Remarks By Prince Mangosuthu Buthelezi MP
Inkosi Of The Buthelezi Clan
President Of The Inkatha Freedom Party
And Traditional Prime Minister To The Zulu Monarch And Nation
The Honourable Ms Hlengiwe Mkhize, Deputy Minister of Telecommunications and Postal Services;
The Principal and Educators of Mathole Secondary School;
Students and honoured guests –
A few months ago, the University of Fort Hare, where I studied, invited me to deliver a centennial lecture in memory of Professor ZK Matthews. Professor Matthews had taught me law and was one of great leaders who sharpened our political views at Fort Hare. As I was preparing the memorial lecture, my Secretary brought me a copy of a telegram which I had sent to Professor Matthews while I was still a student. That telegram was more than sixty years old! But my Secretary had found it, within minutes, in a public archive on the Internet.
I share this with you because today the doors of information are being opened at Mathole Secondary School in a way that is difficult to imagine. With this computer laboratory comes broadband connectivity, which enables you to explore the World Wide Web. I have no doubt that most of you are already on Facebook and know how to download YouTube clips to your phones. But there is something quite different about sitting down in front of a computer and searching for information.
The possibilities for learning are endless. I therefore applaud Deputy Minister Mkhize for taking the initiative to secure a computer laboratory at Mathole Secondary. The Deputy Minister is one of our daughters, for she was born in this area. It is thus good to see her giving back to her own community and sowing into the future of the next generation.
As one of the longest-standing residents of Mahlabathini, I take pleasure in witnessing every victory and every success story to emerge from this community. I think, for instance, of one of the former Maths Educators at Mathole Secondary, who went on to open the PEN Foundation, offering tutorial classes in Maths and Science to learners in Ulundi. He named the Foundation after his father, Mr Petrus Edmund Nkosinathi Nxumalo, who served in my Department of Education when I led the Government of KwaZulu.
It is good to see a father’s legacy being honoured. Indeed, that is why I am so proud of Mathole Secondary School, for it was named after my own father, Inkosi Mathole Buthelezi. My father served as the traditional Prime Minister to His Majesty King Solomon kaDinuzulu, and he married the King’s sister, Princess Magogo kaDinuzulu. She bore him a son, whom he named Mangosuthu.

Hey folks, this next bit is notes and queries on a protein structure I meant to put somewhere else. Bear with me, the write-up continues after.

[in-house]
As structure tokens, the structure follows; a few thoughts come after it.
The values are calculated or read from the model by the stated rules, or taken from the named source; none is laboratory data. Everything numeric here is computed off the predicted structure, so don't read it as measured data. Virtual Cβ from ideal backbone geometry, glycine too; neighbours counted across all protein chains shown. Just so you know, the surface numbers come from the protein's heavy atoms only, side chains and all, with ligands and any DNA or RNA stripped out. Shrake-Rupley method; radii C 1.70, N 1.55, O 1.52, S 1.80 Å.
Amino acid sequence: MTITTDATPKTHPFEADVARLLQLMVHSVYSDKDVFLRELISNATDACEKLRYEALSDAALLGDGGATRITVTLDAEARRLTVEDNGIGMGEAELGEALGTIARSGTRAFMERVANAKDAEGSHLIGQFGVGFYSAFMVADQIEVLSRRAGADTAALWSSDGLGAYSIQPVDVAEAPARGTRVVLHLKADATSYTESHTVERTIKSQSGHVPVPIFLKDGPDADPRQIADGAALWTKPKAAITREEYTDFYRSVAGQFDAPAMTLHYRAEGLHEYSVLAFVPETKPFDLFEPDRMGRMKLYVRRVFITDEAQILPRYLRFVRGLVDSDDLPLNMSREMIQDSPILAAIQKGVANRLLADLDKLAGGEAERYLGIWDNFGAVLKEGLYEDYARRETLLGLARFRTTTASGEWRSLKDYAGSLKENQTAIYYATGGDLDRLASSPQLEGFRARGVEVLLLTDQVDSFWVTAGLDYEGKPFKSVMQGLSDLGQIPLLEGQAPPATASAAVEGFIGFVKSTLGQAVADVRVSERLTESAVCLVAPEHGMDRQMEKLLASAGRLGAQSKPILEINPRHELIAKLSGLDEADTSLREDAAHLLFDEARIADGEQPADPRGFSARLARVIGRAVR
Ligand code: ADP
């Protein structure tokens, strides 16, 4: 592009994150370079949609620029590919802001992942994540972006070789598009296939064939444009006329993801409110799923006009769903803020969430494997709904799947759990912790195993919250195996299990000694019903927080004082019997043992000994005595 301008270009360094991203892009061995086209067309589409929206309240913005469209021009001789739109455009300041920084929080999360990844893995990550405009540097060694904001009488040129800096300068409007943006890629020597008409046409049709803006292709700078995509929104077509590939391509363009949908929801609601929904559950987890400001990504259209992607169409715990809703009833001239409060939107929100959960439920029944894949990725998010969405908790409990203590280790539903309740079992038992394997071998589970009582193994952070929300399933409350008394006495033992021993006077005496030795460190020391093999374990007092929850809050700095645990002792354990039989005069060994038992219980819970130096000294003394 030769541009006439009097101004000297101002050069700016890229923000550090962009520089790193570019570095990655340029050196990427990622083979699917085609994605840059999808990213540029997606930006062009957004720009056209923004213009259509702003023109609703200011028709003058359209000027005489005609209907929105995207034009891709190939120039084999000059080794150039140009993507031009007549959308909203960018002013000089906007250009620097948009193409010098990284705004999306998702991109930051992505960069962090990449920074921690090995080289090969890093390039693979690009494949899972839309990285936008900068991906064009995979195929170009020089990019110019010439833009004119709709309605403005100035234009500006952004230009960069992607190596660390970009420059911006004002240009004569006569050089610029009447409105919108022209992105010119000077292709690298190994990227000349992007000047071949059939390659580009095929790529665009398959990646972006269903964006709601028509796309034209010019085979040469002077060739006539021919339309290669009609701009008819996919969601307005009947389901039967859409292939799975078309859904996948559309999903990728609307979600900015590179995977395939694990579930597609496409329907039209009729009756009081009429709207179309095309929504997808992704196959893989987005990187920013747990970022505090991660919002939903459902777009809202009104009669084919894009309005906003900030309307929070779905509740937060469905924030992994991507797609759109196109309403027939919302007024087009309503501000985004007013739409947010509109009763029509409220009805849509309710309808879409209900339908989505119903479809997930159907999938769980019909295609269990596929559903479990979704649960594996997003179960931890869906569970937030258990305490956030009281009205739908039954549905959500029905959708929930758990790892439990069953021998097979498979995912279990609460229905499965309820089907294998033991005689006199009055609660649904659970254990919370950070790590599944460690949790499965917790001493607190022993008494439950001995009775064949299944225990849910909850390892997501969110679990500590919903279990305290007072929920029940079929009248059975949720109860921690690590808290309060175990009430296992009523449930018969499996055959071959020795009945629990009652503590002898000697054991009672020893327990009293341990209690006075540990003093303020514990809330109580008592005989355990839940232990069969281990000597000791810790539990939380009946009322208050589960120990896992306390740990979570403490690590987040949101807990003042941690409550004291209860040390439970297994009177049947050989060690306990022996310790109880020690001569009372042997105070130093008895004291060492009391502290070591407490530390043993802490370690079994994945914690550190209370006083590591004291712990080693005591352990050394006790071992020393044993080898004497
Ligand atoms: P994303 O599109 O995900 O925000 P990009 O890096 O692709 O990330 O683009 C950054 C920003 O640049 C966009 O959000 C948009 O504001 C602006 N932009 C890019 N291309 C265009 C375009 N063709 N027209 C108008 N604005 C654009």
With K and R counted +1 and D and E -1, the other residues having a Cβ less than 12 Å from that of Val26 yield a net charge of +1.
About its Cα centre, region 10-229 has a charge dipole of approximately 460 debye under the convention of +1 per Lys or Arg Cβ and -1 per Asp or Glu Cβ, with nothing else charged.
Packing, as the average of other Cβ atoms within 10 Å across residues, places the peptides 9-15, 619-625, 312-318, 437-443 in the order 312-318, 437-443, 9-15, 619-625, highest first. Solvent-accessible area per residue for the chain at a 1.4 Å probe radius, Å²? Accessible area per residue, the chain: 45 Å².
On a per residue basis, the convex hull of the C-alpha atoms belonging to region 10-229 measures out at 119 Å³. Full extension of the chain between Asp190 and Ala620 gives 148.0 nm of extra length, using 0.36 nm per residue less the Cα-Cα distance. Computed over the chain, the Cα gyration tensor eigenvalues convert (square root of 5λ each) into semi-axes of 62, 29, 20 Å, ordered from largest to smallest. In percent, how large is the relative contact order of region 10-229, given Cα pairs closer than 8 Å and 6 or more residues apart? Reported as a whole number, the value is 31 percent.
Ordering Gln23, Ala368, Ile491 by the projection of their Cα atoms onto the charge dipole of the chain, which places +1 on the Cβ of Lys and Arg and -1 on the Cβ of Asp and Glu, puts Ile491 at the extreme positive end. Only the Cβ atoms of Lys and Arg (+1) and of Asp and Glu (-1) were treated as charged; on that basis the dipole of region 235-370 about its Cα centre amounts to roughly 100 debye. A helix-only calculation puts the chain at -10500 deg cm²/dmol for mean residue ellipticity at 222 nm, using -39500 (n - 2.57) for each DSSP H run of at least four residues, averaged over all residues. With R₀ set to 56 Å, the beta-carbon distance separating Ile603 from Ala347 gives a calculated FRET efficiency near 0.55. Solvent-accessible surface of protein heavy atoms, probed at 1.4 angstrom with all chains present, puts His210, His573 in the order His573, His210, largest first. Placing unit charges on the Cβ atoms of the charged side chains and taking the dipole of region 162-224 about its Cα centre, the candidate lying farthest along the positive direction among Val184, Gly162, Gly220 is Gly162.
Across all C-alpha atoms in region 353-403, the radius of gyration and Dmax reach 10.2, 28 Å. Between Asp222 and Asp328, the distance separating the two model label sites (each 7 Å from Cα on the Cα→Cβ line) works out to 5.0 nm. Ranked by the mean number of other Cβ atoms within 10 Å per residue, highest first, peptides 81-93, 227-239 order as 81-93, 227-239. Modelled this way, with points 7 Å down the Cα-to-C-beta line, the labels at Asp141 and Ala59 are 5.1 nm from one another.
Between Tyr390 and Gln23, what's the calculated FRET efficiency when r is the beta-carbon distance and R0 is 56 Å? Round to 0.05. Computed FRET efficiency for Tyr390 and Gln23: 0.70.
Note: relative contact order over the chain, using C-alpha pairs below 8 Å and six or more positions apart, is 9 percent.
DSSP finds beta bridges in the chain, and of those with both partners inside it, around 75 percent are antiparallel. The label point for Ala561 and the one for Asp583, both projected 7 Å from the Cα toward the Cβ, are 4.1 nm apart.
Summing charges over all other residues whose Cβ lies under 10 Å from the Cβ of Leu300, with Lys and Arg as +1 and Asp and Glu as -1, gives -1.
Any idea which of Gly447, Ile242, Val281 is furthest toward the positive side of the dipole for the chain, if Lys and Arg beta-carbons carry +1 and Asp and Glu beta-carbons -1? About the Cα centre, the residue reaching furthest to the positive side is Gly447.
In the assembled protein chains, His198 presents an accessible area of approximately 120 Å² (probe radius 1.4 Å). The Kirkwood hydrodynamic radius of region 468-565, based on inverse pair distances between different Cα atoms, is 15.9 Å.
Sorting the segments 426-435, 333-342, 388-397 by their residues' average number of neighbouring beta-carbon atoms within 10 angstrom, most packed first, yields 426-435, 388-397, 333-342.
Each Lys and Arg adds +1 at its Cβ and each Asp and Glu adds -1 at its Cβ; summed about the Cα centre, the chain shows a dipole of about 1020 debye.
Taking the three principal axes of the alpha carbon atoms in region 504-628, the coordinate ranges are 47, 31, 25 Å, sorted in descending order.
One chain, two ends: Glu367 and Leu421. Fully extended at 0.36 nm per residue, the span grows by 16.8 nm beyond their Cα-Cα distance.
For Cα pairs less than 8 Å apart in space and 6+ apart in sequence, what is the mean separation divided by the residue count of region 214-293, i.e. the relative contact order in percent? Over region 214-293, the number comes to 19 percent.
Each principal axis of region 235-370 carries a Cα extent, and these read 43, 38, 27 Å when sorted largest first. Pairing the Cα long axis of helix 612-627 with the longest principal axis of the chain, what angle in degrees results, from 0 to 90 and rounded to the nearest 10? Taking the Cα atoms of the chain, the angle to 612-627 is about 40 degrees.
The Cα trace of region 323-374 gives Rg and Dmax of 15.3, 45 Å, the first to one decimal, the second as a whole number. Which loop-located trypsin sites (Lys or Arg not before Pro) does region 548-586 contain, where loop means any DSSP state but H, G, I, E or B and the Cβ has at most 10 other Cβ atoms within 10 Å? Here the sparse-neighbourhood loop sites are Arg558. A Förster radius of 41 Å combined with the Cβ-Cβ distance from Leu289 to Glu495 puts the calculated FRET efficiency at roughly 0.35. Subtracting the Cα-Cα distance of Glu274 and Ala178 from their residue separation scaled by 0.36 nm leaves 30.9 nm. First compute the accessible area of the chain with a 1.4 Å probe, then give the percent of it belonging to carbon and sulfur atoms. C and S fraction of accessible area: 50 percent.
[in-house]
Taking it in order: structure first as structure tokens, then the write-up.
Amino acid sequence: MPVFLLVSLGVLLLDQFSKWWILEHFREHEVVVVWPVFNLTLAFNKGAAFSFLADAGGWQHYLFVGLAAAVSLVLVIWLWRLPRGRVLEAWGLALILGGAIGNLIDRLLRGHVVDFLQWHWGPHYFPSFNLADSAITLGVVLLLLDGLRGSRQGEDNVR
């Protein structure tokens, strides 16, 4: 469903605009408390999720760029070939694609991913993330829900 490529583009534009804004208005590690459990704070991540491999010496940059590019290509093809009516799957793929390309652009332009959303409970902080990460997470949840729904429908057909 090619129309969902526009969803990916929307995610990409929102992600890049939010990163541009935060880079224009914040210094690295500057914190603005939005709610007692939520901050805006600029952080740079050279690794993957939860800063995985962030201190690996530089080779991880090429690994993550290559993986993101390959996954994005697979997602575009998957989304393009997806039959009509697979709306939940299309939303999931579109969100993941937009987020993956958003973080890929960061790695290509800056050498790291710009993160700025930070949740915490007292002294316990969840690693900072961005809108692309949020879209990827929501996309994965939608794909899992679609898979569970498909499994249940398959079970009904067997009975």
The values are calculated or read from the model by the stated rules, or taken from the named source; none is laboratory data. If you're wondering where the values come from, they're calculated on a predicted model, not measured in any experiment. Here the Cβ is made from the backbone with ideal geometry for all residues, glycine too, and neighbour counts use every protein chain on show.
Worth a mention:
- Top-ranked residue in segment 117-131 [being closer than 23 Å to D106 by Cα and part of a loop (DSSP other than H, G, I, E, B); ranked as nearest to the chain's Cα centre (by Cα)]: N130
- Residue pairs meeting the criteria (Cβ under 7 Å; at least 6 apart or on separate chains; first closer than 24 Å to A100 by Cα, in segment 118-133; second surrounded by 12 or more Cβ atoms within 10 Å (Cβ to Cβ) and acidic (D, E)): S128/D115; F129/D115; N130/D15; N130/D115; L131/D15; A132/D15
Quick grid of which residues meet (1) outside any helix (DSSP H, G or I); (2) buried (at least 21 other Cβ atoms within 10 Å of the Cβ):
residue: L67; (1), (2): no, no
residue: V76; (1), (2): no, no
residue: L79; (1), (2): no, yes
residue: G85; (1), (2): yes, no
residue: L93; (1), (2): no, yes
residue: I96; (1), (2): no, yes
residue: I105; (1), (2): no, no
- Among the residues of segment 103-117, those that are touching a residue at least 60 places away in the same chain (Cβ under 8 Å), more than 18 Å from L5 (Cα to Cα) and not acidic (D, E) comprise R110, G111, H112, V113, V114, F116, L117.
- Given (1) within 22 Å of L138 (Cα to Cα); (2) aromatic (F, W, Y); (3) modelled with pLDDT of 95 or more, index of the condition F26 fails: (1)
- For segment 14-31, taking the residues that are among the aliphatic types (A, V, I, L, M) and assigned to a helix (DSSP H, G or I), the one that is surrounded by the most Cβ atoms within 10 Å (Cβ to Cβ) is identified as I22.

My father was determined to see me well-educated. At that time, few black children went to school and very few progressed beyond primary level. But my father believed in education as a tool of creating your own destiny and shaping your environment. I had been born into a leadership position, and he wanted me to be equipped with knowledge so that I would lead well.
When my father passed away, my mother ensured that his wishes were fulfilled, and I was sent with two of my cousins to Adams College. Prince Mshiyeni, the Zulu Regent, drove us there himself. But he first stopped along the way at Ohlange to present us to Dr John Langalibalele Dube, who had been the first President of the African National Congress.
I understood from all this that education is not something to be taken lightly. It is something of value that should be respected. I continued this view throughout my time at university, and I took it into my career as a servant of the people. Thus, over the course of six decades in politics and public life, I have always challenged people to learn, learn, learn. Become a student for life and keep seeking out new information all the time.
Had I been born into the Internet generation, I can only imagine what a recluse I would have been! I can spend many solitary hours with a good book; but a good book eventually ends. The Internet has no end. One thread leads to another, and another and another. But this is where good judgement comes in. I must encourage you to think about what you read and what you see. Not everything on the Internet is true, and many things are not good.
I am amazed, for instance, at how widespread cyber-bullying has become in South African schools. This is an abuse of social media, and I hope that Mathole Secondary will put strict policies in place for learners who use these computers. But it goes well beyond that, because cyber-bullying infringes on constitutional rights and can destroy a young person’s life.
There are, indeed, very simple acts that can make or break a young person’s future. Today we are witnesses to a simple act on the part of government that will change the lives of several young people. The act of giving bicycles to learners who travel long distances to school, and the gift of shoes, will make a big difference. I thank the Deputy Minister and her Department.
The ball is now in your court, as learners. You have been given a tool to build your future. I urge you to use it in the pursuit of education and knowledge. As you enter this new computer laboratory, I hope these words will echo in your mind, to learn, learn, learn.
I thank you.